The Northern EchoAshleigh’s family welcome U-turn (From The Northern Echo)

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Facebook will install a safety button on its website

The Northern Echo: PUBLIC EYE: Facebook has bowed to public pressure PUBLIC EYE: Facebook has bowed to public pressure

THE family of a murdered teenager have welcomed plans by Facebook to install a safety button on its website.

The social networking site has launched a new application that will instantly direct users to the Child Exploitation and Online Protection Centre (CEOP) if they encounter inappropriate content.

The move has been welcomed by the family of 17-yearold Ashleigh Hall, from Darlington, who was murdered by 33-year-old Peter Chapman.

The convicted sex offender posed as a handsome 19-yearold youth in order to groom Ashleigh.

Following her death, The Northern Echo set up the Safety Net campaign, which called for tougher controls on social networking sites, including a direct link to CEOP on Facebook.

The website, which is the largest social networking site in the world, initially resisted pressure to install the link.

Last night, Mike Hall, Ashleigh’s grandfather, said he was delighted that Facebook had agreed to install the safety device.

“This is exactly what we’ve been campaigning for,” he said.

“After all this time, they are listening to us and at last we are getting something done.

“It’s good news and it is a step in the right direction.

“At last we are getting something positive out of this.”

Darlington MP Jenny Chapman, who was Ashleigh’s ward councillor when she was murdered, said: “I think this shows that persistence pays off when it comes to trying to persuade big companies to do the right thing.

“Since Ashleigh was murdered, a lot of people in Darlington made it their business to look into the issues surrounding internet safety, particularly for young people.

“Being able to report things quickly and easily rather than forgetting about it and to get advice is very, very welcome.

I’m chuffed to bits.”

The new application will be launched today for all Facebook users – especially those between 13 to 18 years.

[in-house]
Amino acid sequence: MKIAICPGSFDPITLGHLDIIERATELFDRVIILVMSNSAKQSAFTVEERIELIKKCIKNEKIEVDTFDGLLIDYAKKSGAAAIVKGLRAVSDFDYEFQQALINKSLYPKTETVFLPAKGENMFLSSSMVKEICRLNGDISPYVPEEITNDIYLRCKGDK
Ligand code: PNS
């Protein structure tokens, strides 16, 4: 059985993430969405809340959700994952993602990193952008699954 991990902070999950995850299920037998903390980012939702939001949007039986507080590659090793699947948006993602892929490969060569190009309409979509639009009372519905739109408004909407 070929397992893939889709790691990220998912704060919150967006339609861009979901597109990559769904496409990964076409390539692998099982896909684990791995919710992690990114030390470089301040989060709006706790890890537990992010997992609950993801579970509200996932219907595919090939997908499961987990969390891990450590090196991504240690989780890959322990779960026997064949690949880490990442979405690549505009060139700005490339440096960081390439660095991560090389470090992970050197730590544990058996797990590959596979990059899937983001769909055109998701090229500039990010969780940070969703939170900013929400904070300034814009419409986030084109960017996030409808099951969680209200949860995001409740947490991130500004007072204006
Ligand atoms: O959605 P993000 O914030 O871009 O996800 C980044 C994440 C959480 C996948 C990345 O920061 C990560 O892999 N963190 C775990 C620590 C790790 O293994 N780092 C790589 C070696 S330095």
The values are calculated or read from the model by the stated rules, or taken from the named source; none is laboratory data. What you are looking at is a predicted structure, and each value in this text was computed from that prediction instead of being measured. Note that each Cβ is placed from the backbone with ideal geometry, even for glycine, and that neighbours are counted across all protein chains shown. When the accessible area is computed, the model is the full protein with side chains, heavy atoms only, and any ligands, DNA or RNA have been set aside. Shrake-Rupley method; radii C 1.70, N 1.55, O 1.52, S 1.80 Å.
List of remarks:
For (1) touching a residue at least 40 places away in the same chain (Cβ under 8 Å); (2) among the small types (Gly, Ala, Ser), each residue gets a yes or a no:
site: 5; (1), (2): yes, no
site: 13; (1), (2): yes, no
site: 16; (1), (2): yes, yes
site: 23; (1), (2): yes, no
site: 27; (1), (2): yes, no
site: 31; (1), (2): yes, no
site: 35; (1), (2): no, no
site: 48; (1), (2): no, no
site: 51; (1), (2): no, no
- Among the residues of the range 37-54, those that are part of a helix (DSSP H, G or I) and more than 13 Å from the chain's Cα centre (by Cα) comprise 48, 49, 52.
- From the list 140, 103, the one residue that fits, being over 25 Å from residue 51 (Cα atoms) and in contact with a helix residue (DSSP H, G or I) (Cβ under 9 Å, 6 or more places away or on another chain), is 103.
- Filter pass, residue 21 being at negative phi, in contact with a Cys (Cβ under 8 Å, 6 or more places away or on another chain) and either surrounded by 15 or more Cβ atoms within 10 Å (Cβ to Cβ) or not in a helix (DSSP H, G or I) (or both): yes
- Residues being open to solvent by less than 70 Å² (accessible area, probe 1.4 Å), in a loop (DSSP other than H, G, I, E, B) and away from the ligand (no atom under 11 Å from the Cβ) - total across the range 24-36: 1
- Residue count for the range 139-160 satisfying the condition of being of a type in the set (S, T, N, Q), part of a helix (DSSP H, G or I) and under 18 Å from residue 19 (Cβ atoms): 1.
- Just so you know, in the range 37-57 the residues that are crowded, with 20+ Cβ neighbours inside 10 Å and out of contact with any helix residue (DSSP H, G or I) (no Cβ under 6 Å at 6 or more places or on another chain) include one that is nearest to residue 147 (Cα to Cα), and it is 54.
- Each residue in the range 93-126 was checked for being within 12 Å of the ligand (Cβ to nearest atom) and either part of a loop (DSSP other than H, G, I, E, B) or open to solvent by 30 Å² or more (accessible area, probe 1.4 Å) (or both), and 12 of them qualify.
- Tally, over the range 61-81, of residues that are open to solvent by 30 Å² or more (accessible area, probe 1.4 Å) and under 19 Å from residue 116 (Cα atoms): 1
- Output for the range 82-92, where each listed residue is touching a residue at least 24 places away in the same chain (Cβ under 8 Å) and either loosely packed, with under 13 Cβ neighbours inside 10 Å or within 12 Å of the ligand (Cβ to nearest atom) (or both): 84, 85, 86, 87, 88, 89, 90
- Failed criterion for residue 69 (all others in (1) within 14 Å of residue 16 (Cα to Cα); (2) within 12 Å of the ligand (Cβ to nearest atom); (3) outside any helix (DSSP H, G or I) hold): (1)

The ClickCEOP button will be provided by an application that users can add or bookmark so that it appears on their homepage.

The move is being supported by widespread advertising on Facebook encouraging users to take up the application.

There will also be a message appearing on the homepage of users aged between 13 to 18 inviting them to add the application.

The initiative has come as a result of a new collaboration between CEOP and Facebook.

Jim Gamble, chief executive of CEOP, said: “Our dialogue with Facebook about adopting the ClickCEOP button is well documented – today, however, is a good day for child protection.

“We know from speaking to offenders that a visible deterrent could protect young people online.

“We urge all Facebook users to add the app and bookmark it so that others can see that they are in control online.”

Facebook vice-president Joanna Shields said: “There is no single silver bullet to making the internet safer, but by joining forces with CEOP we have developed a comprehensive solution which marries our expertise in technology with CEOP’s expertise in online safety.

“Together, we have developed a new way of helping young people stay safe online and backed this with an awareness campaign.”

CEOP’s new Facebook page facebook.com/clickceop will also contain polls, news alerts and status updates.

It will look at a number of teenage subjects, including celebrities, music and exams, and link them to online safety.

Comments (1)

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1:13pm Mon 12 Jul 10

Kerry, Newton Aycliffe says...

I would like to thank Ashleigh's parents for making this happen but mostly I would like to thank them for the awareness campaign they have brought to the local schools. I have a 9 year old daughter who was always asking me if she could join facebook as lots of her friends were on there (using fake ages) I have told her time and time again she could not use facebook as she is to young and it is not suitable for young children due to bad men etc. It was not until the campaign was brought to her school and it was explained what had happened to Ashleigh that she at last understood my concerns and now has no interest what so ever in facebook. So thank you so much for bringing this to our local schools, it does make a difference.
I would like to thank Ashleigh's parents for making this happen but mostly I would like to thank them for the awareness campaign they have brought to the local schools. I have a 9 year old daughter who was always asking me if she could join facebook as lots of her friends were on there (using fake ages) I have told her time and time again she could not use facebook as she is to young and it is not suitable for young children due to bad men etc. It was not until the campaign was brought to her school and it was explained what had happened to Ashleigh that she at last understood my concerns and now has no interest what so ever in facebook. So thank you so much for bringing this to our local schools, it does make a difference. Kerry, Newton Aycliffe
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